The fate of the Obama administration’s proposal to increase the salary threshold for overtime exemptions to the Fair Labor Standards Act (FLSA) remains uncertain. The rule would have increased the minimum salary of an employee classified as exempt from $26,661 to $47,476. However, the rule was blocked last year by a nationwide injunction. The injunction, which was issued by a federal judge in Texas, was subsequently appealed by the Department of Labor and remains undecided. However, after President Trump tapped Alexander Acosta as the new Secretary of Labor, the Department’s position on Obama’s overtime rule may be headed in a different direction.
Department of Labor submitted a formal Request for Information (RFI) regarding the overtime rule
On June 27, 2017, it was announced that the Department of Labor Wage and Hour Division submitted a formal Request for Information (RFI) regarding Obama’s overtime rule to the White House’s Office of Management and Budget. It is reported that the RFI will seek information from employers who adjusted their wages in anticipation of the rule’s passage, in particular, any economic burden those adjustments may have created. The RFI will be published in the Federal Register, which will afford employers the opportunity supply comments regarding the effects of the proposed increase to the salary threshold.
Change in Opinion from the White House
Three days after the RFI was submitted, the Department filed a reply brief in opposition of the injunction that, in part, maintained the appeal initiated by the Department under the previous administration. However, the reply brief did not advocate for the proposed salary increase. The Department commented that it “has decided not to advocate for the specific salary level ($913 per week) set in the final rule at this time and intends to undertake further rulemaking to determine what the salary should be.”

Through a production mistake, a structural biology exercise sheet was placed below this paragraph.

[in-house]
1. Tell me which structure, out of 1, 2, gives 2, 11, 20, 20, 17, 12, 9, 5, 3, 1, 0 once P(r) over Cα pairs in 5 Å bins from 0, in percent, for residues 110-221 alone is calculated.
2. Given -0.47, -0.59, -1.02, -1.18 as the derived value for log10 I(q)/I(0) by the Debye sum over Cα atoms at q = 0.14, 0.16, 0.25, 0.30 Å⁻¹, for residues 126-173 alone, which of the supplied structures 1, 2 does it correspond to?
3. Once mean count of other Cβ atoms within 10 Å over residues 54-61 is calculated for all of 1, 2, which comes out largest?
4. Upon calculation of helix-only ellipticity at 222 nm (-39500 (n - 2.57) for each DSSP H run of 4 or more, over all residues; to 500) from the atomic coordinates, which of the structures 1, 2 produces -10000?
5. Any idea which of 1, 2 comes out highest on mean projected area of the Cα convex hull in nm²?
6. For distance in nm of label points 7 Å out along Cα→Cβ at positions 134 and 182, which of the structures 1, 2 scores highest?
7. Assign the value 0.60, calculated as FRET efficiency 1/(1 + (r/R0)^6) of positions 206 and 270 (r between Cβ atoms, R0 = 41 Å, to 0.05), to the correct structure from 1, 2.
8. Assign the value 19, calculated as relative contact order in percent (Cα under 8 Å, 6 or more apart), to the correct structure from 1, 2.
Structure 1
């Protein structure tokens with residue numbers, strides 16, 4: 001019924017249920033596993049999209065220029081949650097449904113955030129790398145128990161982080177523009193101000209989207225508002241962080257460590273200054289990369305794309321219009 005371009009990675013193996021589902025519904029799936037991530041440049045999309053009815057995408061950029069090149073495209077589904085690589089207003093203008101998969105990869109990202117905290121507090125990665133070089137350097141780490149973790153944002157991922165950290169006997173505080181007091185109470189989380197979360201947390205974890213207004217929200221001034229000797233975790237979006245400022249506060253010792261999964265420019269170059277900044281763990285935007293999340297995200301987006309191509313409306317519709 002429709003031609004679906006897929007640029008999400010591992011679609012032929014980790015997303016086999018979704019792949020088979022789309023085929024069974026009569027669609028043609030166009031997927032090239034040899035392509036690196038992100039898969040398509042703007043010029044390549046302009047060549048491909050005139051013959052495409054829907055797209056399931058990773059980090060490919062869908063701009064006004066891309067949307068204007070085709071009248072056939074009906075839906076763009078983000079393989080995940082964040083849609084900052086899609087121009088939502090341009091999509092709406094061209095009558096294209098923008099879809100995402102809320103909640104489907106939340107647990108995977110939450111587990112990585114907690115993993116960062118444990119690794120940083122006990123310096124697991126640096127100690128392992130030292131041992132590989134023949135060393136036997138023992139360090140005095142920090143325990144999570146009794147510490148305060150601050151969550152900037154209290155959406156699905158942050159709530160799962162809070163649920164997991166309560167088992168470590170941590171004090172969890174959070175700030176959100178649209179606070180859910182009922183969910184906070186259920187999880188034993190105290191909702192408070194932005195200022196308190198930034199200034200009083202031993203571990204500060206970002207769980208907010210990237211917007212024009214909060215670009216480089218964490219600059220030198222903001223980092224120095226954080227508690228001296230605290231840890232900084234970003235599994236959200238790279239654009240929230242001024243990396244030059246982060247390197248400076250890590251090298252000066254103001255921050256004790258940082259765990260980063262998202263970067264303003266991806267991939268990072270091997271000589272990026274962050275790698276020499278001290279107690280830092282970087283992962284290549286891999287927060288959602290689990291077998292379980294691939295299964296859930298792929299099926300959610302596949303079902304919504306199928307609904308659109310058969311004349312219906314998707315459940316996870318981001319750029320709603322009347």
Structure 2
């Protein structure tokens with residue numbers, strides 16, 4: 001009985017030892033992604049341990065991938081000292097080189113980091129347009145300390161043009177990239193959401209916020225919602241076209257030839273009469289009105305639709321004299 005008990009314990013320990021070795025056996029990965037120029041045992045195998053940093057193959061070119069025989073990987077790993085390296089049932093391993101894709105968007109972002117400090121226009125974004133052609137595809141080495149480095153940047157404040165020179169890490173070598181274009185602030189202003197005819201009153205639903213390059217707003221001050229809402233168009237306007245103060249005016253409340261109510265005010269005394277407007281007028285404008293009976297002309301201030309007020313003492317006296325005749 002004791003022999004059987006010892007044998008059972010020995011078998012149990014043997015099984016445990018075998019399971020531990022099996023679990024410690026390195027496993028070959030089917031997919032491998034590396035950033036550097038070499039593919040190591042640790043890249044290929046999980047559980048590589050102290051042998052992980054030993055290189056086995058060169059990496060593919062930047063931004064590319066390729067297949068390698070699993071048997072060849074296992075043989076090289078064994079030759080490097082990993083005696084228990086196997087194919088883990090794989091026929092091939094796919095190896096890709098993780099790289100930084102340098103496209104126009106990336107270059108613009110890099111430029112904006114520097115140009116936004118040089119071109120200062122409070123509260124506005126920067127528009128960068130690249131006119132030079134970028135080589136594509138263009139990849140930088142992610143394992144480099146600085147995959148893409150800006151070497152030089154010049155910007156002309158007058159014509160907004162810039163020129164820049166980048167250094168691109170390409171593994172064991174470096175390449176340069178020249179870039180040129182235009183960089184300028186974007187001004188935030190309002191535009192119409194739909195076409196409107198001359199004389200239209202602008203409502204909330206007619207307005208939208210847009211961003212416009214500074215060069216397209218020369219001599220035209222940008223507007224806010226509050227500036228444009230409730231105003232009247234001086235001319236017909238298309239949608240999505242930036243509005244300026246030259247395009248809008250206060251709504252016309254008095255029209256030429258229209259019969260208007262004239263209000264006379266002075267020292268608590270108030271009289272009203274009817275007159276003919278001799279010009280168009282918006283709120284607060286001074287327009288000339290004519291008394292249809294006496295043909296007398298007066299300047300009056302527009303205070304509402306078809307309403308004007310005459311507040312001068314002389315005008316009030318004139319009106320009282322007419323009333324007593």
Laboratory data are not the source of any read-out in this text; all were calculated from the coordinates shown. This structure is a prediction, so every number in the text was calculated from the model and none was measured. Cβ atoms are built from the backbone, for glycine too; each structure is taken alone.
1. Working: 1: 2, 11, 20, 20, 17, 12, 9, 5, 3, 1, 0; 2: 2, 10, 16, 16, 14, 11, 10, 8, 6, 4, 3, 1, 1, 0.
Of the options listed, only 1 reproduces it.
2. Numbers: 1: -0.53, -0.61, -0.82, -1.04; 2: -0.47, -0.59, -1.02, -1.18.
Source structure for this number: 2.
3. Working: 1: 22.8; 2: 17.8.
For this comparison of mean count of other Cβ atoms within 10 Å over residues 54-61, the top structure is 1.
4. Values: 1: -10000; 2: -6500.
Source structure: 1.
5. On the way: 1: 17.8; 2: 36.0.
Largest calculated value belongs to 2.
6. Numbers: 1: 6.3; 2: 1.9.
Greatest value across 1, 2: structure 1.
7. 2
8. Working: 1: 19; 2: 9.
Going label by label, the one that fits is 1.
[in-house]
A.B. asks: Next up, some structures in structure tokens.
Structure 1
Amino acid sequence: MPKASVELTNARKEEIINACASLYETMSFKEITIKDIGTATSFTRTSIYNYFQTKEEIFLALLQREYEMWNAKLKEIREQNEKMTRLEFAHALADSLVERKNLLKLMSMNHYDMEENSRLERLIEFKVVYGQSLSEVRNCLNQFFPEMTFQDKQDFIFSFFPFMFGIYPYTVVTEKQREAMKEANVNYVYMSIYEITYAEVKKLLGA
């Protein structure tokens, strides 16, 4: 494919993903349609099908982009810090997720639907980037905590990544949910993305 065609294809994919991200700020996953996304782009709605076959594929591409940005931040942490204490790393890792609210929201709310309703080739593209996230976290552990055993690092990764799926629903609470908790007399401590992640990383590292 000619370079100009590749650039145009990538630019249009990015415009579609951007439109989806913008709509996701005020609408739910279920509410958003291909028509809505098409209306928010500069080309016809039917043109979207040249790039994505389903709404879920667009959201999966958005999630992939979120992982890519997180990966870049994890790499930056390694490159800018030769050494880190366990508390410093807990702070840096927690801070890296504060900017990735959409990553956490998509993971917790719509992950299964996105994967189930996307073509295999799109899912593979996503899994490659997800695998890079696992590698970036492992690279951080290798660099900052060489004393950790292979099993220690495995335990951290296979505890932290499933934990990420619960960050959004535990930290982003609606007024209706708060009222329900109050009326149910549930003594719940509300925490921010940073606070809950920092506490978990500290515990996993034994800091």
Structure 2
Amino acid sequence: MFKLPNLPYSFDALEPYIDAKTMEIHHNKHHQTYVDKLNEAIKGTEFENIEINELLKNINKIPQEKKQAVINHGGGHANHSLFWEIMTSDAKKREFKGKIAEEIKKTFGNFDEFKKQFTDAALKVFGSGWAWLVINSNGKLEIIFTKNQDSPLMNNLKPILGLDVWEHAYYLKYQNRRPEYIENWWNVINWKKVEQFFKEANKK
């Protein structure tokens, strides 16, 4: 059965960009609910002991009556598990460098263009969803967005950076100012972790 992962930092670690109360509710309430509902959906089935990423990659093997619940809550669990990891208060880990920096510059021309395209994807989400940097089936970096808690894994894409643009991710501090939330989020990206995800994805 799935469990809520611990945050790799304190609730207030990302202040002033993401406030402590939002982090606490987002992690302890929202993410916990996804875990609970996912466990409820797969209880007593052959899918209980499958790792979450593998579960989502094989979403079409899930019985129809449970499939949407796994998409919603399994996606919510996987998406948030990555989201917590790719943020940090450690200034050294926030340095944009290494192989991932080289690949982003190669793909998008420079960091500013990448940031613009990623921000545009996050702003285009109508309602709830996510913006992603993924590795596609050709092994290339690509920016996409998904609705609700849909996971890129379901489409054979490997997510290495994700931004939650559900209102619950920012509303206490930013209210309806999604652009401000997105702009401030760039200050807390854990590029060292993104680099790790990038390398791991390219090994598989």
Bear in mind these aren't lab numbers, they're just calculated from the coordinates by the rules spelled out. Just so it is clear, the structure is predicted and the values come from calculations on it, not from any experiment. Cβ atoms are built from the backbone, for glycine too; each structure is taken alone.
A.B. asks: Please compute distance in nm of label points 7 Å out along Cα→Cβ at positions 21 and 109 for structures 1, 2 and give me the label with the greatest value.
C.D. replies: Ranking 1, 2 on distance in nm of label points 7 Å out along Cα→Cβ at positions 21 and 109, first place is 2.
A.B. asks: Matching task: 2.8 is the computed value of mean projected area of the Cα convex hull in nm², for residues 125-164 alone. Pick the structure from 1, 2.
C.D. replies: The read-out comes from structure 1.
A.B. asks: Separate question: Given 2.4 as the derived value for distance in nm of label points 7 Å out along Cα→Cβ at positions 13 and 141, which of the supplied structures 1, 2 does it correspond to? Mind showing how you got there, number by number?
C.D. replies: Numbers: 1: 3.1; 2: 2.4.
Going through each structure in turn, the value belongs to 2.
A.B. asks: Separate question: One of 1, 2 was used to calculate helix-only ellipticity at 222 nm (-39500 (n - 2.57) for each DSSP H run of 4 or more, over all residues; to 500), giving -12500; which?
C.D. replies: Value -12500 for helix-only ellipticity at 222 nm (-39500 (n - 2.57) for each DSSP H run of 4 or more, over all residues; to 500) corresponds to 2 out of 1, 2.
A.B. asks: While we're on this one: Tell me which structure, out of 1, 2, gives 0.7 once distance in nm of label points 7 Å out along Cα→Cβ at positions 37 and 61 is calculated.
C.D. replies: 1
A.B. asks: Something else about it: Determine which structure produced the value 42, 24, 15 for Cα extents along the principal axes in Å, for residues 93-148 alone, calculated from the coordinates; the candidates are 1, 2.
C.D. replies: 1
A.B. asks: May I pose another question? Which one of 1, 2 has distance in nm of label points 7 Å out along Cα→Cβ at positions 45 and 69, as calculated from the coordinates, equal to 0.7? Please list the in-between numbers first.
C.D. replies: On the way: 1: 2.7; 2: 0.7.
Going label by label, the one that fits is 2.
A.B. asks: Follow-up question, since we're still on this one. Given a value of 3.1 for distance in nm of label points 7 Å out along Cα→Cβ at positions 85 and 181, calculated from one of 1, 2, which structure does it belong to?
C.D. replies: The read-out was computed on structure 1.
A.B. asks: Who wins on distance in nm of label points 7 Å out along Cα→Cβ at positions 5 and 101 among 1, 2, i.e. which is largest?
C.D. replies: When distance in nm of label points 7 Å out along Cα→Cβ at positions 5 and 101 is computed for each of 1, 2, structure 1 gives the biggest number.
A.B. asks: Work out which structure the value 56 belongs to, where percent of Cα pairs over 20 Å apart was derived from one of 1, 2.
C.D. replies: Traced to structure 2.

The change in opinion about the appropriate minimum salary comes as no surprise. Since President Trump has taken office, the Department of Labor has ousted most pro-labor officials (pro-employees) and replaced them with pro-business officials (pro-employers). The change has been far from subtle and has been reflected in the most recent actions of the Department.
Although the current Department did not advocate for the originally proposed salary increase, the appeal of the injunctive order that blocked the rule was maintained on broader grounds. The Department argued that the reasoning and legal conclusions used by the federal district judge (Judge Amos L. Mazzant) to enjoin the rule were incorrect. Specifically, the injunctive order concluded that the Department had no authority to set any minimum salary for a FLSA exemption. The Department disagreed with this legal conclusion and maintained the appeal of the injunction. If Judge Mazzant’s unprecedented reasoning were to stand, it would also invalidate the current version of the overtime rule that requires a salary of at least $26,661 in order for an employer to rely on an exemption. The Department’s authority to adjust the minimum salary requirement has been in place since 1940 and has never been challenged by a district court judge.